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We all know that Sterling has taken a pounding over the last few months, but with the Euro having risen against all currencies, does anyone else believe that it is being deliberately being overvalued with a view to a future run on the markets? As the ECB has been printing money just as rapidly as the Fed, the Euro must be set for a fall as well?

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We all know that Sterling has taken a pounding over the last few months, but with the Euro having risen against all currencies, does anyone else believe that it is being deliberately being overvalued with a view to a future run on the markets? As the ECB has been printing money just as rapidly as the Fed, the Euro must be set for a fall as well?

Yes I agree, short term we might see the Euro increase abit. I predict that by late 2008 it will be under extreme pressure to justify its worth.

I think the Euro will colapse from within the ECB is not able to balance the economic differentials of member states and I predict that weakness in Italy and Spain amongst others will force the ECB to change its position and some nations will withdraw that would kill the Euro dead.

The Euro has one master and one mistress naimly Germany and France no one else has a say and the currency is unstable.

Whilst Germany and France have strong economics the vast majority of the other euro states do not, indeed they are very exposed to the problems of a strong common currency.

My advice keep your sterling and your nerve as the $ will rebound bringing the £ with it the Euro is a danger zone.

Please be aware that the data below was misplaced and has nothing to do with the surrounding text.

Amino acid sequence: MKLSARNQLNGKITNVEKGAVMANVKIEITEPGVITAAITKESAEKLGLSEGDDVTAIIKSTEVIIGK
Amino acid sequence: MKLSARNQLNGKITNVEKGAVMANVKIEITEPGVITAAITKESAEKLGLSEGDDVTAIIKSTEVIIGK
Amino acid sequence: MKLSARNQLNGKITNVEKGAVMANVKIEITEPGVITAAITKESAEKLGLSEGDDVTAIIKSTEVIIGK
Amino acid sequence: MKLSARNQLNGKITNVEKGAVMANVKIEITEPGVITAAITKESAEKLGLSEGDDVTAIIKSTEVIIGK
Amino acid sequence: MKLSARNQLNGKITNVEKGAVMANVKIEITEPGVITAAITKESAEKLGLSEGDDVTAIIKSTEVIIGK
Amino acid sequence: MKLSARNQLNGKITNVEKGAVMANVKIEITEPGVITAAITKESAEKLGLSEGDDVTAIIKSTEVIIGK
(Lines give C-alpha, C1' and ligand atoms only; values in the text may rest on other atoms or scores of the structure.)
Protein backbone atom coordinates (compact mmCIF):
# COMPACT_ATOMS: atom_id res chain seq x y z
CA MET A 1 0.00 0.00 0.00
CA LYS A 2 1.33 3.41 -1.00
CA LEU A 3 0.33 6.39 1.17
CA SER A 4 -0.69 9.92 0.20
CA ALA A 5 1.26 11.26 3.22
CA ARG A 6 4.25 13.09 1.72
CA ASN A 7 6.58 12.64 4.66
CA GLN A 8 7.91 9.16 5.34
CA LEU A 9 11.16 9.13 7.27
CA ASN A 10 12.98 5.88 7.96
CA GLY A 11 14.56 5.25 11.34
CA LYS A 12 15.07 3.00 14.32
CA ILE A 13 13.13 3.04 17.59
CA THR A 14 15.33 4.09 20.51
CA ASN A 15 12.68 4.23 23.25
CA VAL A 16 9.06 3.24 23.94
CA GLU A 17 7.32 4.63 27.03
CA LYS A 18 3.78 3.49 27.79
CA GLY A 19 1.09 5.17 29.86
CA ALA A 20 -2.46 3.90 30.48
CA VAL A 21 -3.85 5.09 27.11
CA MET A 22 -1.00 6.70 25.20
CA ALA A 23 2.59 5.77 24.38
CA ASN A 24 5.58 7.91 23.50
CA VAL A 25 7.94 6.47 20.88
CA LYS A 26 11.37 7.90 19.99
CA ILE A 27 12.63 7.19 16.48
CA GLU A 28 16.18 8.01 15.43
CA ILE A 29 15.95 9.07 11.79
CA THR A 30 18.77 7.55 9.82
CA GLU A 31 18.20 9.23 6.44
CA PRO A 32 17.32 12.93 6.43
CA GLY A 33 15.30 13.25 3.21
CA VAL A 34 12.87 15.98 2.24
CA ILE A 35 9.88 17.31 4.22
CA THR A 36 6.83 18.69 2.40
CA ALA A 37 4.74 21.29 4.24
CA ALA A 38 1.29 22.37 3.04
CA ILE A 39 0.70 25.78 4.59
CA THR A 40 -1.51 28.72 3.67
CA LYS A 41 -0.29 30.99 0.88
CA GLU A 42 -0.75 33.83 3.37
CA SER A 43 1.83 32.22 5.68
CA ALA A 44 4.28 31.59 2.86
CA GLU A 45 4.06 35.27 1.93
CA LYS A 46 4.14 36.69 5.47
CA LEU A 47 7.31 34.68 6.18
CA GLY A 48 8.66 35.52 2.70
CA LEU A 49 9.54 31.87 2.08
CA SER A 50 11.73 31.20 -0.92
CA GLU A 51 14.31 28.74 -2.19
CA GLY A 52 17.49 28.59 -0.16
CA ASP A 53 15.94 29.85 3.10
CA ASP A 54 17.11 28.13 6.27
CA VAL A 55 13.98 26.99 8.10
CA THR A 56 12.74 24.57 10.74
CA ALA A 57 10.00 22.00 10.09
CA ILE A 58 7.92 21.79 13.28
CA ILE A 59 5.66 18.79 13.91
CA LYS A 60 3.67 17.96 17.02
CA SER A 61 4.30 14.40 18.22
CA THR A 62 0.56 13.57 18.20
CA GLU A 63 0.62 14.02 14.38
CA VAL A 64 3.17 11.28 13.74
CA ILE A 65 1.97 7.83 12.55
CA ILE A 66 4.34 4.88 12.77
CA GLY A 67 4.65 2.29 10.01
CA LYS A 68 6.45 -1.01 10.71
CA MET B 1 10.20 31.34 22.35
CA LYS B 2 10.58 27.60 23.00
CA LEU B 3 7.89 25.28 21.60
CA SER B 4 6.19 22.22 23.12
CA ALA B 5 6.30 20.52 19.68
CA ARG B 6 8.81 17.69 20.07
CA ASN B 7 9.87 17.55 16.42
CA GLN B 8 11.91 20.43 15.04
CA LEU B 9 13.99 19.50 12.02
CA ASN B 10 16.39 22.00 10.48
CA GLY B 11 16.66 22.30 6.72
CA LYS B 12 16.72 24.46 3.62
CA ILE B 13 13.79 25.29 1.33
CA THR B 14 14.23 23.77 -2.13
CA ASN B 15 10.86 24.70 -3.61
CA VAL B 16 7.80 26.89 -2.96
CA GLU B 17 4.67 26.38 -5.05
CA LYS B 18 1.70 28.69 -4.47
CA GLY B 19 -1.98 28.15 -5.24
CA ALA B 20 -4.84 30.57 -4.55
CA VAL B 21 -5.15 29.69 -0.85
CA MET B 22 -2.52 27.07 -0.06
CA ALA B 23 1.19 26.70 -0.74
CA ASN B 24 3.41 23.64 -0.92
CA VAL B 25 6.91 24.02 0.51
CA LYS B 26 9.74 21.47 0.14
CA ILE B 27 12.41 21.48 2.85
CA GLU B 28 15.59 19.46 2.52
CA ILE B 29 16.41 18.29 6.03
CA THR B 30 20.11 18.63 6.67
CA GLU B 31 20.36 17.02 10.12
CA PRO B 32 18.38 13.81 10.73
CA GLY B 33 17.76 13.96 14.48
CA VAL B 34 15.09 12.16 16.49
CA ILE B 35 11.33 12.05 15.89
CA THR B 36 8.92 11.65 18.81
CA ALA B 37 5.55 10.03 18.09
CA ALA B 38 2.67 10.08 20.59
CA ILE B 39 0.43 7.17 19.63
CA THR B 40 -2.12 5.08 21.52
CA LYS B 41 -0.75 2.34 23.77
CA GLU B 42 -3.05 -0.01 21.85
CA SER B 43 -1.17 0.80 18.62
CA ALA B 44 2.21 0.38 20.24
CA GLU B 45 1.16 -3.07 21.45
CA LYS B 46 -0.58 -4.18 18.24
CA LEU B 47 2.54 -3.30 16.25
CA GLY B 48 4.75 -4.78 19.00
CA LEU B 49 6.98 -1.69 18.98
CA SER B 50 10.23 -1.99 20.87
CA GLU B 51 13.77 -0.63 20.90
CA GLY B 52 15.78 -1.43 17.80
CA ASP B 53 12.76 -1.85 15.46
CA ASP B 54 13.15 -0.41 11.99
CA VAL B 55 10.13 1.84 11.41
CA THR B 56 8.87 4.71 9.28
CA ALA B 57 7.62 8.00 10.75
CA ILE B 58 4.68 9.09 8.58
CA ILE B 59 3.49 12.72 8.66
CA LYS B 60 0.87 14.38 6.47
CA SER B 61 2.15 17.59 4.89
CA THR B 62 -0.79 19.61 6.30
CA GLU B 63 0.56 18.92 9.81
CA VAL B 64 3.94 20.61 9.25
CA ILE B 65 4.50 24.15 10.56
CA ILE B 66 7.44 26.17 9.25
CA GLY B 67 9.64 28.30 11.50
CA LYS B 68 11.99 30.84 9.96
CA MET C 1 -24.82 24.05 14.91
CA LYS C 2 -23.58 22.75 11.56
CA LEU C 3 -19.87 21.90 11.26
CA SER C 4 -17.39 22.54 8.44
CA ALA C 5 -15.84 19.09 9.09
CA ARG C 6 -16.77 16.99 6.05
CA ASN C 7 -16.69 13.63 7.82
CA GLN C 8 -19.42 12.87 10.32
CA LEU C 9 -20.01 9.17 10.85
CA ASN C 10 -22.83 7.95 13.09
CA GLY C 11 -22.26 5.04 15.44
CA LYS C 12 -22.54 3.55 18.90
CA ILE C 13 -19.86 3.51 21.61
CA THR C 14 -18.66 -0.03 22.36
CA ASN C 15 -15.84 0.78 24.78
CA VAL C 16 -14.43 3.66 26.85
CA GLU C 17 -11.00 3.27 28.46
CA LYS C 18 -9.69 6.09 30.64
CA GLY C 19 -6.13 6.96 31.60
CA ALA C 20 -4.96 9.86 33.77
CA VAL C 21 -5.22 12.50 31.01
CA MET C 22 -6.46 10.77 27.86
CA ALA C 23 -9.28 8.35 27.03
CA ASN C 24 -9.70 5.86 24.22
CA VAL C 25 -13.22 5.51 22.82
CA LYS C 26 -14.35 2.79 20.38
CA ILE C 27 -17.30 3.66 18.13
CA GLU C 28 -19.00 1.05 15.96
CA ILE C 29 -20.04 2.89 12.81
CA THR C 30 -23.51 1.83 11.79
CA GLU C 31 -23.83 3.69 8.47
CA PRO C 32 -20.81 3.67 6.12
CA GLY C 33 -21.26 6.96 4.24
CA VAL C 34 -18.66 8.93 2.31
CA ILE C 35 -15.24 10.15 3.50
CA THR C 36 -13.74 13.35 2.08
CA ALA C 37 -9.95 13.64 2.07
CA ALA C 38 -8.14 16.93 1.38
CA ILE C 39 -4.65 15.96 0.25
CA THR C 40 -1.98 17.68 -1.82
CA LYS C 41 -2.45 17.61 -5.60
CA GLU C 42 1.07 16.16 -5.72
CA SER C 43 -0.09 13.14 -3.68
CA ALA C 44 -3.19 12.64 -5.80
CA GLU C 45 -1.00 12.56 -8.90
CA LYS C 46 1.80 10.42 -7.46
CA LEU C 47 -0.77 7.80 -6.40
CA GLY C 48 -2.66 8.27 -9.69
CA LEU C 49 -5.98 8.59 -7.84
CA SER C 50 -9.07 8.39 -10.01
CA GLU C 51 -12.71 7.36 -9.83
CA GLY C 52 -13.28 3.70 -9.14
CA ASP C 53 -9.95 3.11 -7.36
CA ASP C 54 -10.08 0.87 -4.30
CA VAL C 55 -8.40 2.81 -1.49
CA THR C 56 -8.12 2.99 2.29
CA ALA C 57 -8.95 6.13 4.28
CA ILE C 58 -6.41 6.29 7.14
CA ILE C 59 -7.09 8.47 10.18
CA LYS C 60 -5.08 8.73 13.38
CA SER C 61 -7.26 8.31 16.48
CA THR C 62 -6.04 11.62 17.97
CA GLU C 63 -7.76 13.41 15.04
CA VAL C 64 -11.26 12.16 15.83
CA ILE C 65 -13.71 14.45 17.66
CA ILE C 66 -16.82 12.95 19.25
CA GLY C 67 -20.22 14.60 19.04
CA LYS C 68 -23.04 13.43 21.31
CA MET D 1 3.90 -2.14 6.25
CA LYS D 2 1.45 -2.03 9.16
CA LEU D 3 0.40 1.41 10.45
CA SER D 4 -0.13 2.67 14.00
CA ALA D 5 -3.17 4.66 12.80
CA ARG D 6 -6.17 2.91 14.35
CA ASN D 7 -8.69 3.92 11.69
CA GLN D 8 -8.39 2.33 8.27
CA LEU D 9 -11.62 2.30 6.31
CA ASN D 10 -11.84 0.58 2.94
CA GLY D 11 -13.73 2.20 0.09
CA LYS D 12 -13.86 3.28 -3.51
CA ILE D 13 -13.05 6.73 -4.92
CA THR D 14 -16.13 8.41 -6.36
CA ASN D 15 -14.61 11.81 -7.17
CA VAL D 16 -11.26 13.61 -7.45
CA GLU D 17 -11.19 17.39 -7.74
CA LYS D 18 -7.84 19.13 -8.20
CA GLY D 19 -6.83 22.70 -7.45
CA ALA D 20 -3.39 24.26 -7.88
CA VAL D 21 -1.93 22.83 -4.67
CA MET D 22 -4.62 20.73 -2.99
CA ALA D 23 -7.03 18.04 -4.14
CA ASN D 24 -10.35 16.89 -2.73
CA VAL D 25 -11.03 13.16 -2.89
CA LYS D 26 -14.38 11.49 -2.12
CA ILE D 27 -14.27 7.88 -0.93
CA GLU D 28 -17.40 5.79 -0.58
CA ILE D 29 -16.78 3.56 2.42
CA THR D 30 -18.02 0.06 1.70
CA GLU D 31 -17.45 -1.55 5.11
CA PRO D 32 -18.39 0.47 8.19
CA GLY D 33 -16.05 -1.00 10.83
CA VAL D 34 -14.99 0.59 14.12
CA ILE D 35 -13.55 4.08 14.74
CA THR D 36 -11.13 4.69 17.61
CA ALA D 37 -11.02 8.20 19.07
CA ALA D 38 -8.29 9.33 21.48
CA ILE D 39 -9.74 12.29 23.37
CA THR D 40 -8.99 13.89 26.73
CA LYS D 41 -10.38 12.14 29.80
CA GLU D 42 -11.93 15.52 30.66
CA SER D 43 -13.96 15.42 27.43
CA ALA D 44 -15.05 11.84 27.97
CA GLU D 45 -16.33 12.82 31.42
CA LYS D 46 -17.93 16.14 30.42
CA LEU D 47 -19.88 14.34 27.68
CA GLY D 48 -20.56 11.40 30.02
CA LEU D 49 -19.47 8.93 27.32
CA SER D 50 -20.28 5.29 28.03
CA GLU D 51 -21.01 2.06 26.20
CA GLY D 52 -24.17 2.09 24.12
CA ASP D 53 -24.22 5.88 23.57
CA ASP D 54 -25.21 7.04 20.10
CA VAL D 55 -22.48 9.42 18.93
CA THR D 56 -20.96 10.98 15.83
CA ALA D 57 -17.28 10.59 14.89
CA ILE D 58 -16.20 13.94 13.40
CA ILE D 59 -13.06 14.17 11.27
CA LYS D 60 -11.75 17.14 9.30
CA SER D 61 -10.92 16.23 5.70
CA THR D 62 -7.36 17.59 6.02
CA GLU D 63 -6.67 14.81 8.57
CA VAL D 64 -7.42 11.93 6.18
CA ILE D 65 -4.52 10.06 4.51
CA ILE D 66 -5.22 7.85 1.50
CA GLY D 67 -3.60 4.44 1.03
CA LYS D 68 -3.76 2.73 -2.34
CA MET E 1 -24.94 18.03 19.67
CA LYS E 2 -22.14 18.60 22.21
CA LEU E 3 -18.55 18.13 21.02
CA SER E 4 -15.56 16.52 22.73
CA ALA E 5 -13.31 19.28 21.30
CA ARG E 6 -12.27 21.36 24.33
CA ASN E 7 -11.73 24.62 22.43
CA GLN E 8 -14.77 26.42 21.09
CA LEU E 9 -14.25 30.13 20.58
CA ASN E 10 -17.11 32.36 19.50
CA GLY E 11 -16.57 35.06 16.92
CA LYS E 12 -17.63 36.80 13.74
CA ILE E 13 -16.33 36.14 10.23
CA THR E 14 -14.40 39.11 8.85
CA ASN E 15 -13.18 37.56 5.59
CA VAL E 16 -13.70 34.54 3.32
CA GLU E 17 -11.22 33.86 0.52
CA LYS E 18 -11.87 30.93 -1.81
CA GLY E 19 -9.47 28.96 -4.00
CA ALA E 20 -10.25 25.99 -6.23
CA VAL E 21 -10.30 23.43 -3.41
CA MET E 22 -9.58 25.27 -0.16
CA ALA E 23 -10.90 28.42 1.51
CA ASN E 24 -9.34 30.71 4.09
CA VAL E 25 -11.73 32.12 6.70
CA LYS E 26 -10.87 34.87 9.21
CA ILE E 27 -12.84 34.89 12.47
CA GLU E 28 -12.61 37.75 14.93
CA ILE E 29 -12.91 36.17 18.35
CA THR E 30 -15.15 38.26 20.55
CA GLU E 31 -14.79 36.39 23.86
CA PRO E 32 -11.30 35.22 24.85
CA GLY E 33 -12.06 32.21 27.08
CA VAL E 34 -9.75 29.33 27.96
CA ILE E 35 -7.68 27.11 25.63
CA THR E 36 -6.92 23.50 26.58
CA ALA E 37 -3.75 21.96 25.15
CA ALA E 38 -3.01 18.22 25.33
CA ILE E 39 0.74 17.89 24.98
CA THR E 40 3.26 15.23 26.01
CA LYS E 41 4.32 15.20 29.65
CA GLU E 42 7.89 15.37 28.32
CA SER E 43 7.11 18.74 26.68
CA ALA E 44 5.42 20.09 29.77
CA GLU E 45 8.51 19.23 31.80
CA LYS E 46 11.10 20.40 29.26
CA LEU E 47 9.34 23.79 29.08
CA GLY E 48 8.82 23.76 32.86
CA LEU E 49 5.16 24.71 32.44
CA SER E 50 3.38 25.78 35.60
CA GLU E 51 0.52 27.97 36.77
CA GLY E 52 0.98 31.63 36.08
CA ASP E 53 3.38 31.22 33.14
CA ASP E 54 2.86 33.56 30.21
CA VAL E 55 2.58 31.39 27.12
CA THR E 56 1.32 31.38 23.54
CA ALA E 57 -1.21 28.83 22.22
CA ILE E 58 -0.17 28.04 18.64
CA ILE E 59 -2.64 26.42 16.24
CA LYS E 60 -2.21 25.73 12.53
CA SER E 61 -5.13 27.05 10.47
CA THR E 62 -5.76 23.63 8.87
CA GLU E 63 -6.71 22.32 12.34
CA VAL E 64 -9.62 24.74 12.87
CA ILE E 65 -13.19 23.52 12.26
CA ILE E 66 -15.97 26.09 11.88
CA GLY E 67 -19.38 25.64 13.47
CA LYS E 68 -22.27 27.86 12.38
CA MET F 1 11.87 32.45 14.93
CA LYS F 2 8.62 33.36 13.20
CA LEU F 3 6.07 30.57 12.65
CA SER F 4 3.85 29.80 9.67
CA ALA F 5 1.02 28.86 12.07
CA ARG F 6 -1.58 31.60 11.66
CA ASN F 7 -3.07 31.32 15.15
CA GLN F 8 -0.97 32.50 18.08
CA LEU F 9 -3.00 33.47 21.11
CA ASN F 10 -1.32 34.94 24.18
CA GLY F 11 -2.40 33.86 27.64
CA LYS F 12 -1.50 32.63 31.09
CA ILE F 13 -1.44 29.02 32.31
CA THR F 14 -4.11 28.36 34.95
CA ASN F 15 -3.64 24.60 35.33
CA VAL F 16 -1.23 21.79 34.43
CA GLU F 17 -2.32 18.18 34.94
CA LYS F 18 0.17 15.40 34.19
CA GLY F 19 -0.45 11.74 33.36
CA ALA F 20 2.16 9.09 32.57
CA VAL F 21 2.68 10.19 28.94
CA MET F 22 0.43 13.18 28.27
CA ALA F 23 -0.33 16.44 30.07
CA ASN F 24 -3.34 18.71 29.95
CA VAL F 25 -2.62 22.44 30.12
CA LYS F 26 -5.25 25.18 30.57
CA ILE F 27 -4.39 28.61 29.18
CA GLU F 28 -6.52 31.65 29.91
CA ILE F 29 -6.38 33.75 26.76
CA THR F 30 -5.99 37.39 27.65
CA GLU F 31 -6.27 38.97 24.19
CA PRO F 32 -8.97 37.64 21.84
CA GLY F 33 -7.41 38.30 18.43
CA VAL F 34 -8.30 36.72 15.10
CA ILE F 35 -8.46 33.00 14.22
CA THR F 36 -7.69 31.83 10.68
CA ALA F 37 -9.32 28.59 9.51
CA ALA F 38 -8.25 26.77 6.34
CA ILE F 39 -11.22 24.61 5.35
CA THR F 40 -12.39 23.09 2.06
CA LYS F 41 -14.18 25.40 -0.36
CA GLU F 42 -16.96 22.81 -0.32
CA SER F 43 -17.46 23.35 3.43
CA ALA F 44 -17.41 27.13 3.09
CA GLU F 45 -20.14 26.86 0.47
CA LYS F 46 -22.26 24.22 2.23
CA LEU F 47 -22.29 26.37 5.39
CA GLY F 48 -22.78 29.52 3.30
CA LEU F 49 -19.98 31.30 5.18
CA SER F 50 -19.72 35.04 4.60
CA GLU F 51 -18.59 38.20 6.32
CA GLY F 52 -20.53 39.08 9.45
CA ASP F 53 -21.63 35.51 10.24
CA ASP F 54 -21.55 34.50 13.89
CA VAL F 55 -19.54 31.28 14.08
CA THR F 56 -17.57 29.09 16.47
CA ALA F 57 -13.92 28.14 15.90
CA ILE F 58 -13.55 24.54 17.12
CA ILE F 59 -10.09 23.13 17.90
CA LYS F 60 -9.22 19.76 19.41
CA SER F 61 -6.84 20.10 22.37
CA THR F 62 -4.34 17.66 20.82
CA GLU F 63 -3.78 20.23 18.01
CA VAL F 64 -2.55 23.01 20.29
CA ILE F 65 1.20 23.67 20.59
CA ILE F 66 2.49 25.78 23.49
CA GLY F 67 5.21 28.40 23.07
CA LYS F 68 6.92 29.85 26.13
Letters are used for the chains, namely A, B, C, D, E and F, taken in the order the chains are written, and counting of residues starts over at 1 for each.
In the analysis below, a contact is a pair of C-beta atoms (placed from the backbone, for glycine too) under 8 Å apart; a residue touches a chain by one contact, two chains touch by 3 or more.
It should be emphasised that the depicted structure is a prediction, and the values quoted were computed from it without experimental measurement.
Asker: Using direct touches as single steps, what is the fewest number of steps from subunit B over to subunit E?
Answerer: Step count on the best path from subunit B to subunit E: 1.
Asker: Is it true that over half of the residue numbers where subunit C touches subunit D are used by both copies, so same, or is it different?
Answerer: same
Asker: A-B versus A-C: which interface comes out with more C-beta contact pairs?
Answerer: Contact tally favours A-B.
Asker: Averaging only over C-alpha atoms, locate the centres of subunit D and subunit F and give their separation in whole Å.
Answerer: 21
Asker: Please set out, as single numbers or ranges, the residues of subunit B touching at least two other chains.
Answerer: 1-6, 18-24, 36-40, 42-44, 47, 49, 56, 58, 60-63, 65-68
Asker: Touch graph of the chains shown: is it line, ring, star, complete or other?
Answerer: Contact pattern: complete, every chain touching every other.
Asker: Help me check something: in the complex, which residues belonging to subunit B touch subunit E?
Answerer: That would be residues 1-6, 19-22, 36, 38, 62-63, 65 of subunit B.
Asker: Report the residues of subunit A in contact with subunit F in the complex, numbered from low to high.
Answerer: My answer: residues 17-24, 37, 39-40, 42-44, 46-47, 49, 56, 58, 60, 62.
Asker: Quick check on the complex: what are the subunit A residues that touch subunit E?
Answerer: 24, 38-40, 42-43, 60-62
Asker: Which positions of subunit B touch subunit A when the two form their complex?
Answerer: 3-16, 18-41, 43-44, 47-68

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Who knows? It's all a bit mysterious.

$ should stabilize, but I can't see it rebounding as the Fed goes to ZIRP.

Government finances and balances in the eurozone are generally much better than US and UK. The differentials within the zone are difficult, but are they really any greater than those experienced in the US? I suppose national politics could cause enough upheaval to force a break up, but it's just as likely that nation states will break up and stay within the zone (Belgium, Italy, maybe even Spain) or even enter the zone (Scotland, NI).

The real problem € has is with undervalued Asian currencies - they were bleating on about it in Brussels only last week, not about $ - and god knows what the Chinese are going to do.

I think £ is fcuked: banking sector will be hit really hard, and the country has ridiculous levels of debt. No way out of that bind.

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I think £ is fcuked: banking sector will be hit really hard, and the country has ridiculous levels of debt. No way out of that bind.

Doesn't mean the £ is entirely stuffed; if interest rates are held & everybody keeps paying their debts on the nose, then the government will continue to be able to issue bonds & more money will keep coming in.

The downside risk is bad though, I agree.

The € is going to come under huge internal stress as Italy, Spain and Ireland's economies buckle under the weight of interest rates set by the Bundesbank. Will the Germans be willing to bail out all three countries in order to save the Euro? It's not as if the French can afford it...

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others will force the ECB to change its position and some nations will withdraw that would kill the Euro dead.

The Euro has one master and one mistress naimly Germany and France no one else has a say and the currency is unstable.

Whilst Germany and France have strong economics the vast majority of the other euro states do not, indeed they are very exposed to the problems of a strong common currency.

My advice keep your sterling and your nerve as the $ will rebound bringing the £ with it the Euro is a danger zone.